Though the extended shoe did not give the result we had hoped, it did give me something to attach a heel too. After a lot of thought I gave it one more try.  I used a racing shoe as it was lighter in weight. Welded a bracket to the back end and welded a toe strap, which ran across the front of the hoof. In the bracket screwed in a well padded heel. To the back of that a half piece of PVC with a wedge in it.  This would force her up and forward.  She had to be put to sleep for this. Once up and around, it looked great she walked with out wobble and no pain.

Unfortunately the glue did not hold more than a week.  I could see that her shape was changing and was concerned about her physical structure. I massaged her daily and sometimes several times a day. I hoped it made her comfortable, keeping her muscles supple, that this would encourage straightness and give her some comfort as I figured she was experiencing some muscle aches.  The bracelets were put back on and I must say that duct tape does comes in some wild colors.  These bracelets offered support to free the joint of pain, but were very difficult to manage. You have to be very quick with the duct tape and it does not work well if it is cold, dirty or wet.  I discovered the boil rings. This seems to be the same idea and much easier to take off and on. I do this daily as I change the under dressings to ensure that no pressure sores are forming.  I believe that they also forced the contracted tendons in the coffin joints to stretch as she grew as she was looking a lot less "club footed" The vet at the time of the original diagnosis, suggested cutting the tendons and I declined. It was my thinking that she still had lots of growing to do and if those ladies in Africa can stretch there necks ten inches by adding rings, we should be able to stretch a few tendons.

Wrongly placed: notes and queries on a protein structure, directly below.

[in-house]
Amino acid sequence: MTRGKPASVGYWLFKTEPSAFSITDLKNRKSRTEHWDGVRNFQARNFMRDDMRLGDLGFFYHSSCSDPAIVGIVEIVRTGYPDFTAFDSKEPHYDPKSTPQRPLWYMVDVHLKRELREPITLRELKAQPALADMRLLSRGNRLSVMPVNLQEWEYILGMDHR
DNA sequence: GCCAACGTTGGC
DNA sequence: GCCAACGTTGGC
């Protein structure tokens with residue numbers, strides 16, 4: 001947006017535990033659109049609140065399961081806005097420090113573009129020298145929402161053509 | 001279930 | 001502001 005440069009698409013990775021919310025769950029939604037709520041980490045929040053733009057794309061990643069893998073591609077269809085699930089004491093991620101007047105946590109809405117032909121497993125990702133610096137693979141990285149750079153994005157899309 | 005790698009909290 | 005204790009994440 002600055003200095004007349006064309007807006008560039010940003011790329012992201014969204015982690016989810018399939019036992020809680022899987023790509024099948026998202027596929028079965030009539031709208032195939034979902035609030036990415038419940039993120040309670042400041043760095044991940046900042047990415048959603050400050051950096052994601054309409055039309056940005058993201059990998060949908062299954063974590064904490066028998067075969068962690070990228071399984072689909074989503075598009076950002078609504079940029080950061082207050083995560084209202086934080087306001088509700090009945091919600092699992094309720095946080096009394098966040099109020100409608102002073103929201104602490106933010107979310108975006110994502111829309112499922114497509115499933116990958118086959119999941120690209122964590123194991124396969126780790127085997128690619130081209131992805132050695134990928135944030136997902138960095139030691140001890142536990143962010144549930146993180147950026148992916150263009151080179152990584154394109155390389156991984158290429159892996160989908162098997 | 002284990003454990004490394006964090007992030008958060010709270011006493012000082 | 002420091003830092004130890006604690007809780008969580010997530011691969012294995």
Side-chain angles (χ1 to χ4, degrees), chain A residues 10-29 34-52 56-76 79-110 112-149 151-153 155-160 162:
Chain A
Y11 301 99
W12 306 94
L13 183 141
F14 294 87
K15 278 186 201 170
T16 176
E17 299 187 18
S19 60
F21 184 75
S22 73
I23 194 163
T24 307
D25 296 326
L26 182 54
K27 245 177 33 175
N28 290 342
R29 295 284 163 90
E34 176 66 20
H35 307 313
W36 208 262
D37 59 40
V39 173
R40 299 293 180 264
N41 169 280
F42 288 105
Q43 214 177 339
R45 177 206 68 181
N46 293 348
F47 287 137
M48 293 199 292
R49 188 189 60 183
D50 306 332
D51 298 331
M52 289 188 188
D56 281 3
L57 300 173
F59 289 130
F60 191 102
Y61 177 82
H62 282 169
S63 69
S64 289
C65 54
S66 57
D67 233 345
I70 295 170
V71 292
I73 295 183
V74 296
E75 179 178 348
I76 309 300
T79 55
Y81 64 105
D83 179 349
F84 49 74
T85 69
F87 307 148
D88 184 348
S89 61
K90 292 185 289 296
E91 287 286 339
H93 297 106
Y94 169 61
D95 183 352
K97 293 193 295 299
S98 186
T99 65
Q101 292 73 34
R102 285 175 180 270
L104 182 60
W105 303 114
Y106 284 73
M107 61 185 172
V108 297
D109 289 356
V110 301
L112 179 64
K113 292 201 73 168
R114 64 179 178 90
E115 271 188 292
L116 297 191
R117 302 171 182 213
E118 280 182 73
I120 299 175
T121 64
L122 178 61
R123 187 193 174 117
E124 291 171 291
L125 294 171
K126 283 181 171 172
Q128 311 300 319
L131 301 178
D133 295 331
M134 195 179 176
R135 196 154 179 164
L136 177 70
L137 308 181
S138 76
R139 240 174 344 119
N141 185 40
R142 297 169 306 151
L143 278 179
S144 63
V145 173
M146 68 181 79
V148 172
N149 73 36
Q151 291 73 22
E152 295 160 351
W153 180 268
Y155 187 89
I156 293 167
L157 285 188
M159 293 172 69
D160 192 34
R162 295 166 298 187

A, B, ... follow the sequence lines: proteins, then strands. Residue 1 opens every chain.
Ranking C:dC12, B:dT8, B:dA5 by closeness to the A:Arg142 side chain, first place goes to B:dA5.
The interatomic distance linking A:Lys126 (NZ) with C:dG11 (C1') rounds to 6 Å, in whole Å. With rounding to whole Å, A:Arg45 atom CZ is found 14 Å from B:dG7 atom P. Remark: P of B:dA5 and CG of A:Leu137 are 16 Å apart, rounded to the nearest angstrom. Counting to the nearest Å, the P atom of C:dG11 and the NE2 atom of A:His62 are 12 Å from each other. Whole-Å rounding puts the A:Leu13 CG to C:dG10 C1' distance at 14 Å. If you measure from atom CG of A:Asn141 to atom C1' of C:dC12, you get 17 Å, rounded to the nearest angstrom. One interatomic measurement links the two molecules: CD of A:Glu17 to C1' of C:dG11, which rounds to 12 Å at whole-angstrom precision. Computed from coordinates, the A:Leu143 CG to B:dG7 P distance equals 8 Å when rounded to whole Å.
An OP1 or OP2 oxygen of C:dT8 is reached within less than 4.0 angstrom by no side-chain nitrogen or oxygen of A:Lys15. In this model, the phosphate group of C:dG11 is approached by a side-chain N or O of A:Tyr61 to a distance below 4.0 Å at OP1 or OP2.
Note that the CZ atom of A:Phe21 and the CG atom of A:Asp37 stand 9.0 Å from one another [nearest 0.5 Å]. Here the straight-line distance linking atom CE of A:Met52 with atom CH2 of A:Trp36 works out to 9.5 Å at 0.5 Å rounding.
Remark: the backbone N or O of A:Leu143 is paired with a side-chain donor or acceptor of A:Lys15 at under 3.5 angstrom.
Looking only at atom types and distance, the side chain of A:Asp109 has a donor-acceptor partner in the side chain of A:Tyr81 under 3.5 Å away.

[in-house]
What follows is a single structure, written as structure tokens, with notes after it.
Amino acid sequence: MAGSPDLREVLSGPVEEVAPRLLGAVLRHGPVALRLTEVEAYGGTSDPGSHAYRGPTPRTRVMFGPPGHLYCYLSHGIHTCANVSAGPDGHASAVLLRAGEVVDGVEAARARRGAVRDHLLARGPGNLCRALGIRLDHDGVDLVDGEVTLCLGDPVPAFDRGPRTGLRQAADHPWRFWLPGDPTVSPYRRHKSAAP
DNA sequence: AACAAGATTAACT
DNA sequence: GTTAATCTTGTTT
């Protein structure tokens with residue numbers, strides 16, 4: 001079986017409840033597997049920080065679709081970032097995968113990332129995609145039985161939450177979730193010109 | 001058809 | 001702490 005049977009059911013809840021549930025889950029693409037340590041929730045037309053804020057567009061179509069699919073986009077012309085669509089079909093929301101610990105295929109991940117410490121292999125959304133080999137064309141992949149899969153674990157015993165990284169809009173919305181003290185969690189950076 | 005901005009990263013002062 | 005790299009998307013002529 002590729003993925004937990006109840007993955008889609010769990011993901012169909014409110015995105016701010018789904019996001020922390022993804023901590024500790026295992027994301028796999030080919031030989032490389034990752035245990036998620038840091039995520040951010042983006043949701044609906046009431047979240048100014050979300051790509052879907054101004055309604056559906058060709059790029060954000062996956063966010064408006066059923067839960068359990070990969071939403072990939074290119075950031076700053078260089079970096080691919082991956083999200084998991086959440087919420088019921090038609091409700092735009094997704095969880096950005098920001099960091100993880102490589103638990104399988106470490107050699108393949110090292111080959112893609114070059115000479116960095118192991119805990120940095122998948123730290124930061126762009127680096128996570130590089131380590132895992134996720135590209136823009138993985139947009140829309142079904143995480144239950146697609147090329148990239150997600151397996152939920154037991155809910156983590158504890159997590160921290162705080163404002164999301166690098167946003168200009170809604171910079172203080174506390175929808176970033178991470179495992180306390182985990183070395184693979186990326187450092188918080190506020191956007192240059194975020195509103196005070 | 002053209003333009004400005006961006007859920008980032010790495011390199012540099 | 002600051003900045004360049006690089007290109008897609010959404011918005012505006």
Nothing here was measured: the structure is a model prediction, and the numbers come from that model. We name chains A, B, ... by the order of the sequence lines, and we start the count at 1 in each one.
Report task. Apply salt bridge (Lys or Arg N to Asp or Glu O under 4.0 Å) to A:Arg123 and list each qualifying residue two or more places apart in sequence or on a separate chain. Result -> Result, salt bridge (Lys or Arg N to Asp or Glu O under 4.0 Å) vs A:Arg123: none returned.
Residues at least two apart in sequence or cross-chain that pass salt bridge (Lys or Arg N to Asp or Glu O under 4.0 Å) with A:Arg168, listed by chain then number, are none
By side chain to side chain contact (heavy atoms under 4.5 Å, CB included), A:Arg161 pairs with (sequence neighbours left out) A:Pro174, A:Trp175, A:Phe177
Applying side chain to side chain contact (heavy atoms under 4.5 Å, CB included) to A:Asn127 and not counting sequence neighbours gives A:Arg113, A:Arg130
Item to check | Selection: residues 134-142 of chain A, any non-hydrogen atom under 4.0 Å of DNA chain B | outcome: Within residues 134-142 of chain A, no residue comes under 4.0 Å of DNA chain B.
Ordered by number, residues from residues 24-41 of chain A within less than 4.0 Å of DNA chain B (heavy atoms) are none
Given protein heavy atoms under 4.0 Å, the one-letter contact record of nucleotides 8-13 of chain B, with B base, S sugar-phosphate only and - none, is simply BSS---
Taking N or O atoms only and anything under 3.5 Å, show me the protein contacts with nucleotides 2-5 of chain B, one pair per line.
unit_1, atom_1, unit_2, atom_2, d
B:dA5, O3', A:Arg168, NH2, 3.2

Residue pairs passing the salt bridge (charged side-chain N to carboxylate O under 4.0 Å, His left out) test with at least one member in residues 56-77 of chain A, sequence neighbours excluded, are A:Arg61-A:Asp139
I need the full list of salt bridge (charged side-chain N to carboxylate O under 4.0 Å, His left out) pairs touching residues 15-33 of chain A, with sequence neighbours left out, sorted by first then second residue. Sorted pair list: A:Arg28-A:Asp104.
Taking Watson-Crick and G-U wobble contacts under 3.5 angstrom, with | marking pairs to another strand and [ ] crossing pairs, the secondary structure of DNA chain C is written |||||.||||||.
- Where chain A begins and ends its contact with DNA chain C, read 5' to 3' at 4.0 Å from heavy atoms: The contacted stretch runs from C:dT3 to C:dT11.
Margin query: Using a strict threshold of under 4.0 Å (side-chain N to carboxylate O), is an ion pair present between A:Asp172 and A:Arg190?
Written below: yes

Once the snow came, there was really no way to keep her wraps dry and she did get some cracks and rawness, this cleared up with antibacterial, antifungal wash and ointment with in a few days.  We are fortunate, in that we have met a farrier who has had success with a mare that accidentally cut her tendons.  He attached a special shoe to that mare and with the constant monitoring by himself and the owner, was able to save the horse and she now lives comfortably.  He has attached a similar shoe on our filly and she is looking good.   His manufactured shoe has a short extension and a lift on the rear end, shaped like a "T".  The top end of the "T" is well padded and it is at a level that provides support and some upward pressure.  Once the shoe was glued in place, a toe extension was created with a hardening adhesive and once dried, thin nails were used to help support the attachment. The theory is that as she grows to this position, he will adjust the angle and provide a higher support. I remove and replace the wraps several times a day to protect from pressure sores.

Here is a picture of the special "T" heel.  It is wrapped with a gel pad and duct tape.  I gave her some pain medication on the second day as I would imagine she would have some muscle stiffness.  This is her third day and she shows no sign of discomfort, in fact she is full of energy and attitude.   As of now, we are very hopeful as she is looking and feeling better. She is coming into a growth period and we hope the support will help with straightening her up.